In order to show that New Jersey is discriminating against risk retention groups contrary to LRRA, ORRG would have to demonstrate how limited participation in those benefits and payment of the accompanying assessments could be accomplished without indirectly contributing to the solvency of other insurers and, thereby, running afoul of § 3902(a). ORRG has made no effort to demonstrate how this could be done, and none is apparent to us.

The assessments paid by PLIGA's members cover several of PLIGA's obligations. Pursuant to N.J.S.A. 39:6-63(d), PLIGA must "calculate the probable amount which will be needed to carry out its responsibilities" under several statutes, including N.J.S.A. 39:6-86.1 (which covers specified uninsured claims, including pedestrian-PIP claims that would be payable pursuant to N.J.S.A. 17:28-1.3 if a policy were in place), N.J.S.A. 39:6-86.7 (which includes claims payable to a pedestrian injured by an automobile) and N.J.S.A. 39:6-69 (which covers specified unpaid judgments). PLIGA must assess the "probable amount needed to carry out" those responsibilities "against insurers for that year's contribution to the fund." N.J.S.A. 39:6-63(d); see also N.J.S.A. 17:30A-8(a)(3) (requiring PLIGA to "[a]ssess member insurers in amounts necessary to pay" designated obligations and authorized expenses, and providing for the assessments "in the proportion that the net direct written premiums of the member insurer . . . bears to the net direct written premiums of all member insurers").

Because ORRG presents no argument as to how a risk retention group could participate in PLIGA's payment of pedestrian-PIP benefits on equal footing with PLIGA members without indirectly participating in and funding functions related to the insolvency guaranty association, it fails to show that New Jersey discriminates against these groups in any manner other than that required by § 3902(a)(2).

In sum, the non-discriminatory explanation for PLIGA's assessment and responsibility for pedestrian-PIP benefits is grounded in LRRA, and, for that reason, it is "an acceptable justification." This justification precludes any inference of discriminatory intent in violation of LRRA. And, ORRG has not provided any evidence of disparate impact. In this circumstance, proof of disparate impact would require a showing that ORRG's complaint is about something that is not part of the trade-off LRRA requires.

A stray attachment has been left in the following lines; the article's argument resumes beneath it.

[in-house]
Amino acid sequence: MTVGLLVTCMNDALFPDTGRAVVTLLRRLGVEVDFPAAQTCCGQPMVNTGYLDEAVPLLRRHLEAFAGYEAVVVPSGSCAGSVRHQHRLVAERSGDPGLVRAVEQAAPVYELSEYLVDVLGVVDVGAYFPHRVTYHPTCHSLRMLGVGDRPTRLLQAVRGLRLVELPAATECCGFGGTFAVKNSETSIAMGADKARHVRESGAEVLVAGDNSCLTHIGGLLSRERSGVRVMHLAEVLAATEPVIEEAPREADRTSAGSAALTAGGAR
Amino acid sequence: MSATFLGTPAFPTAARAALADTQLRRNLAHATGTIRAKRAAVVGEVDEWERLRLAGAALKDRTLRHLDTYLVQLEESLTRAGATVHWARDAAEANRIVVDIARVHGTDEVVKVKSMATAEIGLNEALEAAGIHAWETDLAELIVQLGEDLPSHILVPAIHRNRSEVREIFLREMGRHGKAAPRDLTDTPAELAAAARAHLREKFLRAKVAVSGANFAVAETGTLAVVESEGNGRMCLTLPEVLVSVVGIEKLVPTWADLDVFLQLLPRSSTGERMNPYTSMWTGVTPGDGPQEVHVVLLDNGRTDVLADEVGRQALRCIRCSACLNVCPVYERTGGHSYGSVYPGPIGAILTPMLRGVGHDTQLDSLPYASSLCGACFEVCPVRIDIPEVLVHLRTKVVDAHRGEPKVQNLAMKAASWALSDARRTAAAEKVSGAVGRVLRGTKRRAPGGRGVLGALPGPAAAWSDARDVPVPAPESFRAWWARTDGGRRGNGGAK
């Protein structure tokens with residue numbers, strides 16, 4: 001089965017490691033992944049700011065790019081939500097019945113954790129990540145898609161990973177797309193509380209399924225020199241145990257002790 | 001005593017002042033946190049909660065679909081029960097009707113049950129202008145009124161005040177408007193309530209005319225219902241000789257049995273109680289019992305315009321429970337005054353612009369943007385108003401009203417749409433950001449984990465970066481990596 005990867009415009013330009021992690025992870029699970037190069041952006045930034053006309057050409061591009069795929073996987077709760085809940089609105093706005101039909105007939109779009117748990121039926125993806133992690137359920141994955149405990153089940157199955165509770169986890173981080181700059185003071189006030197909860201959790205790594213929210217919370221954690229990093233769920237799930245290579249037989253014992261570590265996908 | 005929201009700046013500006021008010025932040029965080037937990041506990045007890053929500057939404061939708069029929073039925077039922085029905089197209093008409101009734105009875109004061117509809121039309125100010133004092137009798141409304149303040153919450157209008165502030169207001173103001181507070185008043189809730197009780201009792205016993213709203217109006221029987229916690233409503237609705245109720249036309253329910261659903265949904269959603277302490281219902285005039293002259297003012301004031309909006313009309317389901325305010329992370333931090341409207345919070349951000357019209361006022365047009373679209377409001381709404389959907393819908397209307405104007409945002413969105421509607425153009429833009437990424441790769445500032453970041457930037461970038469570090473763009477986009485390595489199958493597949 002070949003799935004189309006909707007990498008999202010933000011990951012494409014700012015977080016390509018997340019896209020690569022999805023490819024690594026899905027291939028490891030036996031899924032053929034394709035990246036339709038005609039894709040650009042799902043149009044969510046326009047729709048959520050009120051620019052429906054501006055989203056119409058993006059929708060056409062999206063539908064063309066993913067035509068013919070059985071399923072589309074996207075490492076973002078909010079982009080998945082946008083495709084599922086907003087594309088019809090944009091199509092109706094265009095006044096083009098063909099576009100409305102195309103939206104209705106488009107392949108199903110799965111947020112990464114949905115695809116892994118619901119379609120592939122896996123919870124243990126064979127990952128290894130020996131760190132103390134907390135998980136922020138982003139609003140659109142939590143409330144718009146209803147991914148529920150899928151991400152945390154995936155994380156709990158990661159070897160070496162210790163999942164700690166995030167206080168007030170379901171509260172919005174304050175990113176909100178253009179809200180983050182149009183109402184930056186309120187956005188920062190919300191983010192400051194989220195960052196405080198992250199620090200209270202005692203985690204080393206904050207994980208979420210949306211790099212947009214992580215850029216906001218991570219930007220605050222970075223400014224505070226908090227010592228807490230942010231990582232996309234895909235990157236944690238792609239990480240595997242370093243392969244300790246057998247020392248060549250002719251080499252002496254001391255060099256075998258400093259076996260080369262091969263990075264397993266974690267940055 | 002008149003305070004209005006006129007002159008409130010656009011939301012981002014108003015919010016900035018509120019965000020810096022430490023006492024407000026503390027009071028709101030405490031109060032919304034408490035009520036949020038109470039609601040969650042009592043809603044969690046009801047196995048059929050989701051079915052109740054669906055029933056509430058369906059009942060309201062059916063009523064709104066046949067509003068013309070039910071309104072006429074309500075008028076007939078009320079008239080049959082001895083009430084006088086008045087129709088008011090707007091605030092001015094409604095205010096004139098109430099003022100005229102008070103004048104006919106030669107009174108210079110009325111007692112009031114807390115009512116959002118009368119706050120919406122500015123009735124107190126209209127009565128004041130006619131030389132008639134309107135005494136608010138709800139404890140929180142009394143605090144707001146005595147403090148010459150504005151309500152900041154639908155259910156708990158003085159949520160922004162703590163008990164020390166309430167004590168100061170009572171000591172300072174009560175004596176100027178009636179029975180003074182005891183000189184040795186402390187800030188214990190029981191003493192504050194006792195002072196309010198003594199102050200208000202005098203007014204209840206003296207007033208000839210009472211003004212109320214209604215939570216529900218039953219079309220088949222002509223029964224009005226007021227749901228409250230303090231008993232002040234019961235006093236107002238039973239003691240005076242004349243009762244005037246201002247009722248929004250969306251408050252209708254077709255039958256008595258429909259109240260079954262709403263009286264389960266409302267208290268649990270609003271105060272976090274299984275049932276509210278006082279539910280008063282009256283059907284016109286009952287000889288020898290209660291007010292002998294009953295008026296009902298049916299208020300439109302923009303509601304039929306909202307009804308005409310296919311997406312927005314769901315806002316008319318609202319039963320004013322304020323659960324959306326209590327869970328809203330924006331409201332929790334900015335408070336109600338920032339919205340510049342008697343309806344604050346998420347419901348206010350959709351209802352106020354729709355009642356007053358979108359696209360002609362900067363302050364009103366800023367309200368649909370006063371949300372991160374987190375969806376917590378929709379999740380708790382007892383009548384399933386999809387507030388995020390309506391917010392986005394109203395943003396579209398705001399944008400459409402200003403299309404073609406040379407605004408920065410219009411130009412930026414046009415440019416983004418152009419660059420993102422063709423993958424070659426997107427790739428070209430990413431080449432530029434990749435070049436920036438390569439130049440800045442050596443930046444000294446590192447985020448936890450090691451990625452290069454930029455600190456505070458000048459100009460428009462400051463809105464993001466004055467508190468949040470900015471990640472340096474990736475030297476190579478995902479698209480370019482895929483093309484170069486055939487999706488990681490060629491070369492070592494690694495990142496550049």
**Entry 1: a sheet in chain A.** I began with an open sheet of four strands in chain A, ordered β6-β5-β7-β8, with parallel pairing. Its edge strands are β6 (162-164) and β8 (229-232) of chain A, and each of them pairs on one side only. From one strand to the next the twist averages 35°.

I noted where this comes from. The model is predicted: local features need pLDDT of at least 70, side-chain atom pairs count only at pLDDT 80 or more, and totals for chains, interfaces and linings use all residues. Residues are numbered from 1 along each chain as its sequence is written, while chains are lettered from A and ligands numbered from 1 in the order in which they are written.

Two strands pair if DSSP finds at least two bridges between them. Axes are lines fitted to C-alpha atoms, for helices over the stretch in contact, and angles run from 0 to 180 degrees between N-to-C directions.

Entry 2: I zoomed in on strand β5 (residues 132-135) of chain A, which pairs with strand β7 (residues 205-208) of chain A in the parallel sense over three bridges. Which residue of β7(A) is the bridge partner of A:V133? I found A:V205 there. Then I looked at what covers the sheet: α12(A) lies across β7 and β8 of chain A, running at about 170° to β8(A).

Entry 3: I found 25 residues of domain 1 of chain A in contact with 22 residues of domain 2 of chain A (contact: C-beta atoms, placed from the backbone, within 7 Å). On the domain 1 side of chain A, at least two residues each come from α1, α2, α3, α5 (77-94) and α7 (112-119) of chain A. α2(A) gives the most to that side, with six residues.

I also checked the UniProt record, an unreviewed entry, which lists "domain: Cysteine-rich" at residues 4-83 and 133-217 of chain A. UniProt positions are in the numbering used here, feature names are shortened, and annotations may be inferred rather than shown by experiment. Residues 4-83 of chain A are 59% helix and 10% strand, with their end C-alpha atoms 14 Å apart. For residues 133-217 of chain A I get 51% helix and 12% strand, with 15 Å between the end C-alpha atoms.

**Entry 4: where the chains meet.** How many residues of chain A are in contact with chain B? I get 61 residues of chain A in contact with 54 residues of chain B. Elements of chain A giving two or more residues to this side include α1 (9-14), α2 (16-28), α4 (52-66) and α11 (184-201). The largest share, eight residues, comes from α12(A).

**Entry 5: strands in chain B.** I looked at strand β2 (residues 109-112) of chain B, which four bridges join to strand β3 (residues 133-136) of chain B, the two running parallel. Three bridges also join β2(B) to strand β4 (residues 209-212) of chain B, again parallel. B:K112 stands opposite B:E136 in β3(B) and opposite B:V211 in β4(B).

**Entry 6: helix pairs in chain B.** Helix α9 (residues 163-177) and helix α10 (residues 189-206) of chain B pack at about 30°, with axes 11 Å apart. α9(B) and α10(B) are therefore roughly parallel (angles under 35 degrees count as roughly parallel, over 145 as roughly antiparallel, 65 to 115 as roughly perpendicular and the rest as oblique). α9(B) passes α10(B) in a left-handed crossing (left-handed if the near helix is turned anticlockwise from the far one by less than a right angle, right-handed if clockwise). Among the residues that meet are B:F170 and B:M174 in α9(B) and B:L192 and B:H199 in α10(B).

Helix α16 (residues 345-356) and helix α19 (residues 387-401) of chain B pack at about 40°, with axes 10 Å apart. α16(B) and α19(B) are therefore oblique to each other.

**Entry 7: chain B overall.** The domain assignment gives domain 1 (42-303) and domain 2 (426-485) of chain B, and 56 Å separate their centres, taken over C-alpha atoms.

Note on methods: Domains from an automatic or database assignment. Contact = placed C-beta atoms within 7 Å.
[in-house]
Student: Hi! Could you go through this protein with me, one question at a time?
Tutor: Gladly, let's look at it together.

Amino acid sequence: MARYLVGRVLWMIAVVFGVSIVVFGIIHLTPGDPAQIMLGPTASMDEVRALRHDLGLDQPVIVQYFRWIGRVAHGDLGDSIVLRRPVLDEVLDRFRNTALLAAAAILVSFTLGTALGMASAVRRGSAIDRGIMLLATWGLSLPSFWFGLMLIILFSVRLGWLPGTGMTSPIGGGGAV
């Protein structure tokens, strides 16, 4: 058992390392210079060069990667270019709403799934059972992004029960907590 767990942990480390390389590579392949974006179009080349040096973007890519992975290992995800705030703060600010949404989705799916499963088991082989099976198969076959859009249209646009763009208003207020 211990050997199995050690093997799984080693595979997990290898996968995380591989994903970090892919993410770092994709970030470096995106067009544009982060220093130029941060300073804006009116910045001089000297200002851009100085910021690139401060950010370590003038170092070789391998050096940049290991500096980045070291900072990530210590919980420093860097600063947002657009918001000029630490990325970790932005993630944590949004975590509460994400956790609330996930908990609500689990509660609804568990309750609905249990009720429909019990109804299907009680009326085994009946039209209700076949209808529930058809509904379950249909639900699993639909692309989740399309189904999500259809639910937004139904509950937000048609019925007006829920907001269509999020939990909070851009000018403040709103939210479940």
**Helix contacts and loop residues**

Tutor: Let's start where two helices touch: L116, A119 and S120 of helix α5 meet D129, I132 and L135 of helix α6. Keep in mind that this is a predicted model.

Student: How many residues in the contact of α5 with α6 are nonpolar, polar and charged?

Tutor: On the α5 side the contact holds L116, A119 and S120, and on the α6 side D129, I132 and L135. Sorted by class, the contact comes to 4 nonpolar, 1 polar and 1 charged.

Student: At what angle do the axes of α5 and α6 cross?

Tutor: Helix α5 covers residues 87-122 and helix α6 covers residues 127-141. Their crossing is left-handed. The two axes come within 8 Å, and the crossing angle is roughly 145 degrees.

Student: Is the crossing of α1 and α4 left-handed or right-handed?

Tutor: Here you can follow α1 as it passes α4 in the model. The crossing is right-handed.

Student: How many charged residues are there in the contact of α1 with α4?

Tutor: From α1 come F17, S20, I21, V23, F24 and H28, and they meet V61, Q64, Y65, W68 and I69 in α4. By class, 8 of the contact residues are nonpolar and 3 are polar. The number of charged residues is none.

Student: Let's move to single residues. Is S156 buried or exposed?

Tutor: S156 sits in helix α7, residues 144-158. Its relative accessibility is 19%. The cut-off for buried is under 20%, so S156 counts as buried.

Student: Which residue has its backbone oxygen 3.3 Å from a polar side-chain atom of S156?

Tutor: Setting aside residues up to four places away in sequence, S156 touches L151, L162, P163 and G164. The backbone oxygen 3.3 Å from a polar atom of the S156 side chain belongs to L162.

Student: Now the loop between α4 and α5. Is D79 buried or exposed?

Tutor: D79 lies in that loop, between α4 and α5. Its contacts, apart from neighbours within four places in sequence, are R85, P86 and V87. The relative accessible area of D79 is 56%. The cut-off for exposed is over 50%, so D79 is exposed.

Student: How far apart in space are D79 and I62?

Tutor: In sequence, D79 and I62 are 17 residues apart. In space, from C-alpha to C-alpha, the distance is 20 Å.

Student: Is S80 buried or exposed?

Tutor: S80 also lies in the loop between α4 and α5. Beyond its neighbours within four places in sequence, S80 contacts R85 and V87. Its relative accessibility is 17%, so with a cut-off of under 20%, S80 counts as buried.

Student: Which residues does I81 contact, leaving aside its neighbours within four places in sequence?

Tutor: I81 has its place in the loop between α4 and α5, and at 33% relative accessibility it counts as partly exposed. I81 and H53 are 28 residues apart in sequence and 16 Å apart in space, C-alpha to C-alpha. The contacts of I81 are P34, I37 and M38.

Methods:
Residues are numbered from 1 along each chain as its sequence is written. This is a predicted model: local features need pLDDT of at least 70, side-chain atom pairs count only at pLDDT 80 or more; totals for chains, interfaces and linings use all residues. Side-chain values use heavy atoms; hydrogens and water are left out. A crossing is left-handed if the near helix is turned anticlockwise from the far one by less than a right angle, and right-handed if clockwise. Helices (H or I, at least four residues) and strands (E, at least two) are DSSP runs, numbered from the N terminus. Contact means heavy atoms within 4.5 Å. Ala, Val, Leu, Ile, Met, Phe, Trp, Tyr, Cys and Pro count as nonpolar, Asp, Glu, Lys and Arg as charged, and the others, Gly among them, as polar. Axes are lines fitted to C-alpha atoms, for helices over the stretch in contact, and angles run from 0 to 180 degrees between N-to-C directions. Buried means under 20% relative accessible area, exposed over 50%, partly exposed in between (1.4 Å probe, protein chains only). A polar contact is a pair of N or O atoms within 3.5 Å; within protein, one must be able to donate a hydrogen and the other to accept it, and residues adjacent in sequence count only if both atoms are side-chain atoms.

ORRG also attempts to bolster its claim of discrimination by relying upon an exception to LRRA's exemption from state laws. The argument does not require extended discussion. Section 3902(a)(1)(C) permits a state to allow a risk retention group "to participate, on a nondiscriminatory basis, in any mechanism established or authorized under" state law to equitably apportion "liability insurance losses and expenses incurred on policies written through such mechanism." Setting aside the fact that ORRG's policy was mandated by statute, not written through a "mechanism" to equitably apportion losses, § 3902(a)(1)(C) neither compels a state to permit such participation nor suggests that a state discriminates by foreclosing a risk retention group's participation.

For all of the foregoing reasons, we reject ORRG's claim that New Jersey discriminates against risk retention groups in violation of the LRRA.


ORRG also urges reversal on the ground that AIG's claim for reimbursement was filed beyond the time permitted by N.J.S.A. 39:6A-13.1.[4] This statute applies to claims made by an insured or an insured's estate under policies of "automobile insurance" issued pursuant to N.J.S.A. 39:6A-3.1, -3.3, -4 and -10. N.J.S.A. 39:6A-13.1. It does not apply to claims under a liability insurance policy on a motor vehicle issued in conformity with NJSA 17:28-13 Johnson v Republic W Ins Co 391 N.J.Super. 194 201 (App Div) amended on other grounds 396 N.J.Super. 457 (App Div 2007) ORRG's argument — based solely on AIG's status as its insured's subrogee — lacks sufficient merit to warrant any further discussion in a written opinion R 2:11-3(e)(1)(E) See State Farm supra 146 N.J. at 9 (noting that NJSA 39:6A-91 provides a primary right of reimbursement to an insurer not linked to any subrogation right); NJSA 39:6A-91 (providing a limitations period with which AIG complied[5] commencing on the date the claim is filed not the date of the injury); N.J. Mfrs Ins Grp v Holger Trucking Corp 417 N.J.Super. 393 394-95 (App Div 2011) (holding that for purposes of NJSA 39:6A-91 a claim is filed when the insured submits a claim form requested by the insurer)